Rain of Biblical Proportions
This is how it looked earlier on this morning at the I-35 highway at Lexington Exit when the rains had started to taper down. The highway resembles a river, with the water almost reaching the top of the overpass.
A deluge of rain came down this morning on the city of San Antonio, TX, so much so that the San Antonio River rose a tremendous amount within a matter of hours! Lines of showers and storms went through what we call “training,” where the thunderstorms go over the same area, over and over again, much like boxcars on train tracks. The rain started to come down around 3AM CT and by the time it tapered off around Noon CT, over 9″ of rain had fallen at the San Antonio International Airport!
This image was taken around 1pm CT of the current weather conditions. The rain has stopped but the skies remain overcast and the showers are now looming in the distance.
This is what it looked like earlier in the day in the downtown area. Here are several pictures that came into our studios this morning. We thank everyone that was able to share with us, and our viewers, of how it looked outside their windows. We always encourage photos and videos to be taken, but only from a safe distance and not in harm’s way.
Here are the weather observations at the San Antonio International Airport for the day today (May 25th). The most amount of rain of 3.88″ fell around the 6-7 AM hour. It was apart of a 5-hour time span where at least an inch of rain fell per hour. I’ve highlighted both above.
It looks like a dart board was painted over the area, with the bulls-eye placed smack dabbed right over the city of San Antonio. The rain fell so quickly that the sewer system couldn’t handle the tremendous run off and thus, the streets started to become flooded. In most metros there usually is a higher chance for flooding from thunderstorms (or even tropical storms) due to the lack of absorption of the rain into the ground with all of the blacktop, concrete and other paved surfaces all over the place.
Not only did the rain break the previous record, it annihilated it! The old record was 1.66″ of rain from back in 1933. The day saw that record broken as of about 6-7 AM CT. And there is a chance more rain could come later on in the day on Saturday if that line of showers swings back west.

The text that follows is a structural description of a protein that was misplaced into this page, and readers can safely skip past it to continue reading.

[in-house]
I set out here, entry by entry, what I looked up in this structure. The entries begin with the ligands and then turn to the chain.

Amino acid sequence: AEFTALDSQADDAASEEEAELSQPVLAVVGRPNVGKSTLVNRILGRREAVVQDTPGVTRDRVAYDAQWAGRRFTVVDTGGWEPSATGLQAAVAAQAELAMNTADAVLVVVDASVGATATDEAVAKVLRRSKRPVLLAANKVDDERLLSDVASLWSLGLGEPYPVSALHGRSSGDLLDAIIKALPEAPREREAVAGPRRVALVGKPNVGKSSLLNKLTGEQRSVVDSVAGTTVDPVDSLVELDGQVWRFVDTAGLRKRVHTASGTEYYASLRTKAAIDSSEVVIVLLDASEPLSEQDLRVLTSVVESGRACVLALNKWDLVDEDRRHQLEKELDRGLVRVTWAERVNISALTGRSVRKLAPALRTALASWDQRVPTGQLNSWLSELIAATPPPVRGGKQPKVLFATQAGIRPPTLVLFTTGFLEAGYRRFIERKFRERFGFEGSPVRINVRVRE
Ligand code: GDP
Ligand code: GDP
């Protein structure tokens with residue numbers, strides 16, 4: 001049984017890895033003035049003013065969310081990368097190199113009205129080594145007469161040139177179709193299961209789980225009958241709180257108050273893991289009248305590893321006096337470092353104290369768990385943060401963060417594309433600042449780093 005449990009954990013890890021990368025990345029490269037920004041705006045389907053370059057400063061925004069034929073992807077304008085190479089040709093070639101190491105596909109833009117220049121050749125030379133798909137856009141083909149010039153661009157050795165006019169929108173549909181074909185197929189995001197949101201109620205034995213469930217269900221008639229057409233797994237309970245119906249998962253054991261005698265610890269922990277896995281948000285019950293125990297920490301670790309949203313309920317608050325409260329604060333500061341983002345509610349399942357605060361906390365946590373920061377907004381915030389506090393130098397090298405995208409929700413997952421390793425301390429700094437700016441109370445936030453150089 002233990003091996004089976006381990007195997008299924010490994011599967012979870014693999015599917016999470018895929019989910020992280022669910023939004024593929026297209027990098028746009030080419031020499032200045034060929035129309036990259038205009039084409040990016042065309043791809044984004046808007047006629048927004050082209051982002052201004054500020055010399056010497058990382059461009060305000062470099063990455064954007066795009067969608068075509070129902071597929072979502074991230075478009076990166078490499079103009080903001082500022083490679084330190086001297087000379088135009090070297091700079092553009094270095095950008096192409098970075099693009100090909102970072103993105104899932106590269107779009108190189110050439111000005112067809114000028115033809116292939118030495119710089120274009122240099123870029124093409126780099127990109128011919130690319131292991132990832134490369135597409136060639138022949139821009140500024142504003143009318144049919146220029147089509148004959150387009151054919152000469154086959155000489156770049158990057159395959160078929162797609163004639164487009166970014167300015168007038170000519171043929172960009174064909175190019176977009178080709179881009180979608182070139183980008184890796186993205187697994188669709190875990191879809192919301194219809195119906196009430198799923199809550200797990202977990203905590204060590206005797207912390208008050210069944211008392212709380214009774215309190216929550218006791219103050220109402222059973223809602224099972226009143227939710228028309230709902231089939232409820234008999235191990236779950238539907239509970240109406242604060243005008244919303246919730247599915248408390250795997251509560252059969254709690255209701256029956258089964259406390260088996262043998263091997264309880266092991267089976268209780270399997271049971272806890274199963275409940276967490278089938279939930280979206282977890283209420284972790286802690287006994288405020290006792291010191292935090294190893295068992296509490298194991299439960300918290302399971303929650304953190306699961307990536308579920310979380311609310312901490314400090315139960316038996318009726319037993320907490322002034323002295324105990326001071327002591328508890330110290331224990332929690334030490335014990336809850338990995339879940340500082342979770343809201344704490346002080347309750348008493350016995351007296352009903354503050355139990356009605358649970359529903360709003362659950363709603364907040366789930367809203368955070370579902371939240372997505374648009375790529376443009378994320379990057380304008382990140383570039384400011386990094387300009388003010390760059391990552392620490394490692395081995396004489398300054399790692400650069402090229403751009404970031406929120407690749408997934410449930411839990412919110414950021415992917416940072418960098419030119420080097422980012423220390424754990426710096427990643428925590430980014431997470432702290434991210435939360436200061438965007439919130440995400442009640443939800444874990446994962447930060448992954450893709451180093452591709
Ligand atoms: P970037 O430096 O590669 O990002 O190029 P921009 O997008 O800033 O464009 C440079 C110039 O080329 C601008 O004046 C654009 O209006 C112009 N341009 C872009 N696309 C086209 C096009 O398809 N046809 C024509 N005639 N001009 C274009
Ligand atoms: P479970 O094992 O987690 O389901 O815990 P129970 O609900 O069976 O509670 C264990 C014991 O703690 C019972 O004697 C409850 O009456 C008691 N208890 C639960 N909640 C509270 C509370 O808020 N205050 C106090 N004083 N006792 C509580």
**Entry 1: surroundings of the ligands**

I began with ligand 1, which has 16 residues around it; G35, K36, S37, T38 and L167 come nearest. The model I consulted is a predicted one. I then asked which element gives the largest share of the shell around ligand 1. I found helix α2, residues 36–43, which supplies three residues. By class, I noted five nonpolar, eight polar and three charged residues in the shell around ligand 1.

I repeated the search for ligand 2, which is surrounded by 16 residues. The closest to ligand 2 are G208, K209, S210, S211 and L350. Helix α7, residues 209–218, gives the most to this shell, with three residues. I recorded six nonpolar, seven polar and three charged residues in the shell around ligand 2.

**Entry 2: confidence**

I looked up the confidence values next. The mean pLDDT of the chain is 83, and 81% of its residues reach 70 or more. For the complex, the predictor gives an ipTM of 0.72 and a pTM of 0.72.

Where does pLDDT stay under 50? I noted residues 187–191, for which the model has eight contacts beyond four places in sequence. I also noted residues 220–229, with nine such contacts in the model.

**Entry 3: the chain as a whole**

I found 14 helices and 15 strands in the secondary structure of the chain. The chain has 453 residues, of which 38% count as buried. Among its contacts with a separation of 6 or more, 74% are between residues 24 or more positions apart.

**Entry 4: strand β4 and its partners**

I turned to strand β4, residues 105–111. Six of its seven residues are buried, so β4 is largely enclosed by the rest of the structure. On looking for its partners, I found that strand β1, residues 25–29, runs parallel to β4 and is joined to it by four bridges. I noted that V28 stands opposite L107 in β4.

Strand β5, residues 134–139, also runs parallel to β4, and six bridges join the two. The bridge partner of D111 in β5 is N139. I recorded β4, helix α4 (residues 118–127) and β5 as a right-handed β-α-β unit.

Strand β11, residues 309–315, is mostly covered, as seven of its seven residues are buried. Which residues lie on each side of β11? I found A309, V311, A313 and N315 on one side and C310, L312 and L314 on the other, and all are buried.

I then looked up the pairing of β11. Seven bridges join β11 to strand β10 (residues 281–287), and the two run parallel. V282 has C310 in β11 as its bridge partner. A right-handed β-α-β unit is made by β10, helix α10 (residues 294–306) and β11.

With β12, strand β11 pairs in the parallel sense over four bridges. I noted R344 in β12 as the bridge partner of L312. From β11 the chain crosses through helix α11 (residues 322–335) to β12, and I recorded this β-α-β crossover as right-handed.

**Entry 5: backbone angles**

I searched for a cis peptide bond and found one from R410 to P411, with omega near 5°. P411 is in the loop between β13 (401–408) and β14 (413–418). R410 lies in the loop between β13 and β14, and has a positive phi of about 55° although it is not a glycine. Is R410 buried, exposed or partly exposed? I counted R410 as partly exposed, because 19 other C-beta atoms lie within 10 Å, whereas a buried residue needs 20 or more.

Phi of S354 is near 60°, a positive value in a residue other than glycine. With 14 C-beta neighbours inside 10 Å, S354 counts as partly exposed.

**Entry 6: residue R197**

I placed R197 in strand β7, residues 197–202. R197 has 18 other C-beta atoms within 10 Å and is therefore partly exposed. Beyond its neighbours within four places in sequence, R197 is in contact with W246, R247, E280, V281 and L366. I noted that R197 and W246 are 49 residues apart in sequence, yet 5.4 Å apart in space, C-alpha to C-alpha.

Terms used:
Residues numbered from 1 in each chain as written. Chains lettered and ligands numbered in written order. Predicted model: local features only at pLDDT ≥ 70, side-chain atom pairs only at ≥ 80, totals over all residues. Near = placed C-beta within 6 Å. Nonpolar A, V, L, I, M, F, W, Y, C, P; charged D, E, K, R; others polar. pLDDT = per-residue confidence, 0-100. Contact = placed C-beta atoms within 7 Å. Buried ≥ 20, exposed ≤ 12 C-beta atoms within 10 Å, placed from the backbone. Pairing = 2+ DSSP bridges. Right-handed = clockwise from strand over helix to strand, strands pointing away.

So far, May 25th 2013, will go down in San Antonio, TX history as the wettest day for the month of May, beating the previous record of 6.82″ that has lasted since May 31st, 1937.
And as for the rest of the days in the year, the all-time wettest day was on October 17th in 1998 where almost a foot of rain fell at 11.26″ Normally you’d associated a total that high is with a tropical system, but the only tropical system that was around that area, at that time, was Hurricane Mitch that fizzled over southern Mexico in early November. There was likely another instance of thunderstorms training over the same area due to a stalled, weak, frontal boundary.
As for the rivers, the one that stood out the most was the San Antonio River. As the rain fell before 6 AM, the river started to pick up the run off and between the time span of 6:30-7:00 AM, the river rose from 5.61 feet to 13.94 feet. That is a rise of 8.33 feet in 30 mins! The river continued to rise at an alarming rate and in nearly 4 hours, it had crested almost 30 feet higher than where it was before. That is just astonishing! The record crest of the river of 32.6′ was broken. Almost as fast as the river rose, the waters have receded, and the river is almost out of MINOR flood stage. There had to be emergency rescued conducted for folks that’s cars got stranded in the flooded roadways, much like what you saw in the pictures above.
Here is hydrograph of the river.
There is a Flash Flood Watch up for much of the area around San Antonio, TX that will stay up until Sunday morning. There is a chance an additional 2-4″ of rain could fall tonight. The city itself is under a flood warning.
Remember, when you see flooded roadways, do not try and wonder if you can cross. Often times vehicles will try to go through and end up flooding their engines, the cars stop working, and they end up stranded themselves and have to be rescued. Or worse, flood waters carry the car away. It only takes 18″ of water, or less, to carry most vehicles away, which includes heavy trucks. “Turn around, don’t drown,” is the motto we always try to get across to people when it comes to flooding.
Stay safe out there and enjoy the rest of your Memorial Day Weekend! Don’t forget to thank a veteran or a currently serving military member for all that they do this weekend.
Meteorologist Addison Green (Twitter: @agreenWNTV)